How to Pot your Pickings:
A guide to pairing flowers and vases
I know it’s a weird old time but how glorious that the skies are blue, the sun is shining and the flowers are blooming. After what feels like months, even decades, of rain, how lovely to be finally outside. The blossom is out on the apple tree, the magnolia is in its very brief and spectacular flower, the lawn is speckled with primroses. Even in the most shady spots hellebores and pulmonaria are adding spots of colour.
There are so many different ways of using your garden blooms. From pretty posies of mixed woodland flowers to bold displays of single varieties; from messy bunches of greenery to a single, simple stem. Think about where your arrangement is going to live in the house. I like a small posy on a bathroom shelf but a matching pair of vases of something dramatic either side of a sofa; a sturdy bunch of a single variety on a kitchen table and just a few blooms for a window sill.
Some things are perfectly designed as vases. Some things are perfectly repurposed as vases. Use milk bottles, tea cups, jugs and bowls. I have a perfectly shaped army specimen jar which I bought in a junk shop hundreds of years ago, tapered just enough at the rim! For the purposes of this exercise, we have used all sorts of containers around the shop and photographed them in some of our favourite spots around the building. When you cut flowers for your display, make sure you trim any blossoms and leaves which will be below the water line. Anything submerged in water for a long period will just rot and turn the water brown!
Check out the Toppu vase with a few branches of magnolia. And how glorious do the stems of flowering currant look in By Mutti? I have a large Ribes in the garden and hardly ever bring the flowers inside but they are such a pretty colour and make a super simple display.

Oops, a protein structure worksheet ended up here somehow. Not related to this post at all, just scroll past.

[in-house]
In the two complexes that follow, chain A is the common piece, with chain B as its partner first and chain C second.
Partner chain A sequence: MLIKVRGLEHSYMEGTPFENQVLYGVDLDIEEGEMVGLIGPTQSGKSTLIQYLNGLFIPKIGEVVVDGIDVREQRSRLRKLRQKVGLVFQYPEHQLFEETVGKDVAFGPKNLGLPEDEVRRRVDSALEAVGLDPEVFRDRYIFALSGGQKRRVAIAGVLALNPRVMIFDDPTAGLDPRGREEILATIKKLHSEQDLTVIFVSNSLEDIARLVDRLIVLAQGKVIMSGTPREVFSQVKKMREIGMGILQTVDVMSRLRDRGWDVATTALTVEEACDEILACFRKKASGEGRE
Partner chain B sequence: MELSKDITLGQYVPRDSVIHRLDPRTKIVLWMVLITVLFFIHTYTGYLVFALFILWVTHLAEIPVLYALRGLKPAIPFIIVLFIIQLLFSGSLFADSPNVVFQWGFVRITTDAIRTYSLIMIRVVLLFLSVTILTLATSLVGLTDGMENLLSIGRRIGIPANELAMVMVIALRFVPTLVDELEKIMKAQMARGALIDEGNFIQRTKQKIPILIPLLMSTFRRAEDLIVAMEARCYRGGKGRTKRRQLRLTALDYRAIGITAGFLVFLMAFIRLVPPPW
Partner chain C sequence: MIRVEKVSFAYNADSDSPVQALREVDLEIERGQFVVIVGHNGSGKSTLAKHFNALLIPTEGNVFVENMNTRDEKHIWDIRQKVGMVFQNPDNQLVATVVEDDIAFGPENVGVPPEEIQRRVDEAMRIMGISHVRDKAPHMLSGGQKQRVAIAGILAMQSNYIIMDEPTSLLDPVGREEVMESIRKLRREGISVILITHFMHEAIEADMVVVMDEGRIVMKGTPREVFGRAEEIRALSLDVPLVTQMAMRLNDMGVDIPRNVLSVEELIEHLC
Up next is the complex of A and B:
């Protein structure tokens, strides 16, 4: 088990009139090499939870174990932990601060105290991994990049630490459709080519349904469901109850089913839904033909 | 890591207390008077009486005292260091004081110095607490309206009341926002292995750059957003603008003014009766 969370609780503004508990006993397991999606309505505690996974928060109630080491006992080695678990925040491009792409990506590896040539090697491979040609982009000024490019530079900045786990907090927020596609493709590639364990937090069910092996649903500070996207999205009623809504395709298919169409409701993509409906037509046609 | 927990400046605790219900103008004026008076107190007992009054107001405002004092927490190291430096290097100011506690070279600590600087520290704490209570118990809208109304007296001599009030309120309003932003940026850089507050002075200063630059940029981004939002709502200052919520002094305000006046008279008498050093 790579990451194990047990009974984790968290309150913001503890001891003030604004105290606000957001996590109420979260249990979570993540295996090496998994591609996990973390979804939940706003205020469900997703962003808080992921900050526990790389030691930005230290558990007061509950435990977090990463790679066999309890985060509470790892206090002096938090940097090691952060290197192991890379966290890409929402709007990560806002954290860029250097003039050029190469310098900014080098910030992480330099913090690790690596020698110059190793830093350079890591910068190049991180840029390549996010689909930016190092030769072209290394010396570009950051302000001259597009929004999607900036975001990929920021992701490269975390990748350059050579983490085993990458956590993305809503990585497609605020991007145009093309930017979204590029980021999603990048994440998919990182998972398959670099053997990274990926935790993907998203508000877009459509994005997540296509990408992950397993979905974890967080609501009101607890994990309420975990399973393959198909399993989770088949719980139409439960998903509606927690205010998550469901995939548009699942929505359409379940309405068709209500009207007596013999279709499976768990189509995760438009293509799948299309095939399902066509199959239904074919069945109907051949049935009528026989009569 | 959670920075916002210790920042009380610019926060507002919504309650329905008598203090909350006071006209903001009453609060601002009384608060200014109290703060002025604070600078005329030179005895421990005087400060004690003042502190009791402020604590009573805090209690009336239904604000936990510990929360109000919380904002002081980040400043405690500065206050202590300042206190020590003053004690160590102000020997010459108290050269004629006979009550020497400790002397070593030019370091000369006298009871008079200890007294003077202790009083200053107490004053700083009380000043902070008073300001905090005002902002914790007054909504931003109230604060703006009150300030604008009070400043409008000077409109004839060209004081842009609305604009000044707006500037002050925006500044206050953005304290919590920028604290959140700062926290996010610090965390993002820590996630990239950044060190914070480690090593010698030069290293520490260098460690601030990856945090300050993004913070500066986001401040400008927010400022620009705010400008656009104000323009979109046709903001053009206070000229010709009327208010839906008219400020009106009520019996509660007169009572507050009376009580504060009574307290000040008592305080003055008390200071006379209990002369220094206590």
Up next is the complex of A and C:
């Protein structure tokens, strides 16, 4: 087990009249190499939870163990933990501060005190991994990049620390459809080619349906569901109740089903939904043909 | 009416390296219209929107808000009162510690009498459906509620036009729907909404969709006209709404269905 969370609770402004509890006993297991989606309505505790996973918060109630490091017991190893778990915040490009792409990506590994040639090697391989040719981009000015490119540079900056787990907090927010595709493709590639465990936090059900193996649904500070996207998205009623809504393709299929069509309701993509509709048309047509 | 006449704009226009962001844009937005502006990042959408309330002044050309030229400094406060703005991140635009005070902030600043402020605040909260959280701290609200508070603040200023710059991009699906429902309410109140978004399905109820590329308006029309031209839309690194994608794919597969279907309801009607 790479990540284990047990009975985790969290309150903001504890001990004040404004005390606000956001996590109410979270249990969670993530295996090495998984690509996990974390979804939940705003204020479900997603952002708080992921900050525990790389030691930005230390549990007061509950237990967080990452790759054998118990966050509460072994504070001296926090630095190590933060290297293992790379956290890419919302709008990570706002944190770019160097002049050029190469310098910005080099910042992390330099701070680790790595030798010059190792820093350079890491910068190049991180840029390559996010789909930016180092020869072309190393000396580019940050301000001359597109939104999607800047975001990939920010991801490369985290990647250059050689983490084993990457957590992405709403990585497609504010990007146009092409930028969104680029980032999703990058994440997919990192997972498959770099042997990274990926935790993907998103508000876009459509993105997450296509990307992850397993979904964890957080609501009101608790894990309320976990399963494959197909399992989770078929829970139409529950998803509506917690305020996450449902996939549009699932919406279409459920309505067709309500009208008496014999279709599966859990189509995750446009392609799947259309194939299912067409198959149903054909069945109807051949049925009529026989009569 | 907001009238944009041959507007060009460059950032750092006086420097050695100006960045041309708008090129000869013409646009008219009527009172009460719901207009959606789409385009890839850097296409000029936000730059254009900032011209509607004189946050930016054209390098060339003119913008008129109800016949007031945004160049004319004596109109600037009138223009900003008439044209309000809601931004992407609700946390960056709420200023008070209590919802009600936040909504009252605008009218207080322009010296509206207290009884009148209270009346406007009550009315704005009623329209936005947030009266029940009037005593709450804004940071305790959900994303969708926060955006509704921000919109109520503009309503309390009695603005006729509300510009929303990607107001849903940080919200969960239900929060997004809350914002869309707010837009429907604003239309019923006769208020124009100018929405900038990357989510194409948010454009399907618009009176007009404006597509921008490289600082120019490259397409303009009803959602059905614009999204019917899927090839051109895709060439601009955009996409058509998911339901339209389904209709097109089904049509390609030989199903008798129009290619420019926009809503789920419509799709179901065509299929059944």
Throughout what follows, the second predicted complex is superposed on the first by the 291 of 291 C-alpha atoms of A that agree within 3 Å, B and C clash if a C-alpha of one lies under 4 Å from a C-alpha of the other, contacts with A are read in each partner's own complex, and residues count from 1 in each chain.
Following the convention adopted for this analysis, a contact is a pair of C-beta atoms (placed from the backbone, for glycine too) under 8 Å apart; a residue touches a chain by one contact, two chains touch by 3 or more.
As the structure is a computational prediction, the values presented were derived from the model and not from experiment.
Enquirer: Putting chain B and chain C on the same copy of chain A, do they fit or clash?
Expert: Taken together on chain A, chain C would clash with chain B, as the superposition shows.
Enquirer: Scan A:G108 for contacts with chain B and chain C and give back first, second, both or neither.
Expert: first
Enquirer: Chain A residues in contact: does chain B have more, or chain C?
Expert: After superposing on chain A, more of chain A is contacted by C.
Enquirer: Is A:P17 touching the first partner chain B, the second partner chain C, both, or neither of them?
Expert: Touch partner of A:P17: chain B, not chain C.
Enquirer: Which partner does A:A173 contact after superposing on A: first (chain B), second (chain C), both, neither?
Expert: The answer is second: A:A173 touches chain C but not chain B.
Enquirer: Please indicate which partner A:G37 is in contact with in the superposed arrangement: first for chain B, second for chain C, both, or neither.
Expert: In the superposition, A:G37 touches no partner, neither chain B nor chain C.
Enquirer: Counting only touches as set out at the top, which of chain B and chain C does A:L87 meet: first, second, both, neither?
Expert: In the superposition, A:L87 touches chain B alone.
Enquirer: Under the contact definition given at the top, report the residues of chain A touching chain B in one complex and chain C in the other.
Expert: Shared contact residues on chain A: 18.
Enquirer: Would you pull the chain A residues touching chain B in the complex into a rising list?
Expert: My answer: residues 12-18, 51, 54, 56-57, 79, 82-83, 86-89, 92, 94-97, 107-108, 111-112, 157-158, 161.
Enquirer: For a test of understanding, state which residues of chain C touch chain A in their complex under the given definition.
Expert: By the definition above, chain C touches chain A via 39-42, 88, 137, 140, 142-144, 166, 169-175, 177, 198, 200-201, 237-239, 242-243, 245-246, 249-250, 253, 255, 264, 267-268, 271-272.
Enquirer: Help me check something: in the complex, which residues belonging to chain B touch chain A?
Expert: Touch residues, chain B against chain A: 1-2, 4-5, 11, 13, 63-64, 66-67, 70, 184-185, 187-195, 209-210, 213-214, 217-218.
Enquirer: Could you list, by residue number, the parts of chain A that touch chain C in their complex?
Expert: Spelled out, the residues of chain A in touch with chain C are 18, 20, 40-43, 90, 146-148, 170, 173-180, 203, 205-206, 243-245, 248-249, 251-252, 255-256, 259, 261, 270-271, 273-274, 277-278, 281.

Nothing nicer than hellebores (Sarah Raven has a top tip for picking, choose stems with at least one seed pod beginning to form. These have a little more lignin, a complex organic polymer, since you ask, deposited in the cell walls, making them rigid and woody). We tried a shorter bunch in a netted jar and a longer stemmed bunch in a Falcon jug.
Bitossi tea cup to the rescue. A simple cluster of primroses, pulmonaira, scilla and, I think, anemone blanda (but I’d have to check with my dad, who did botany A level). It’s also nice to group little glass containers together and limit the varieties you put in each vase. We used our Temple and Colosseum vases with a Vintage List cut glass vase and raided a woodland area of the garden.
With social distancing, we can’t take flowers to our nearest and dearest. Take inspiration from my lovely sister Sandy Suffield. She has been photographing a different display every day and sending a virtual bouquet to any poorly friend.
(Additional imagery from Pinterest)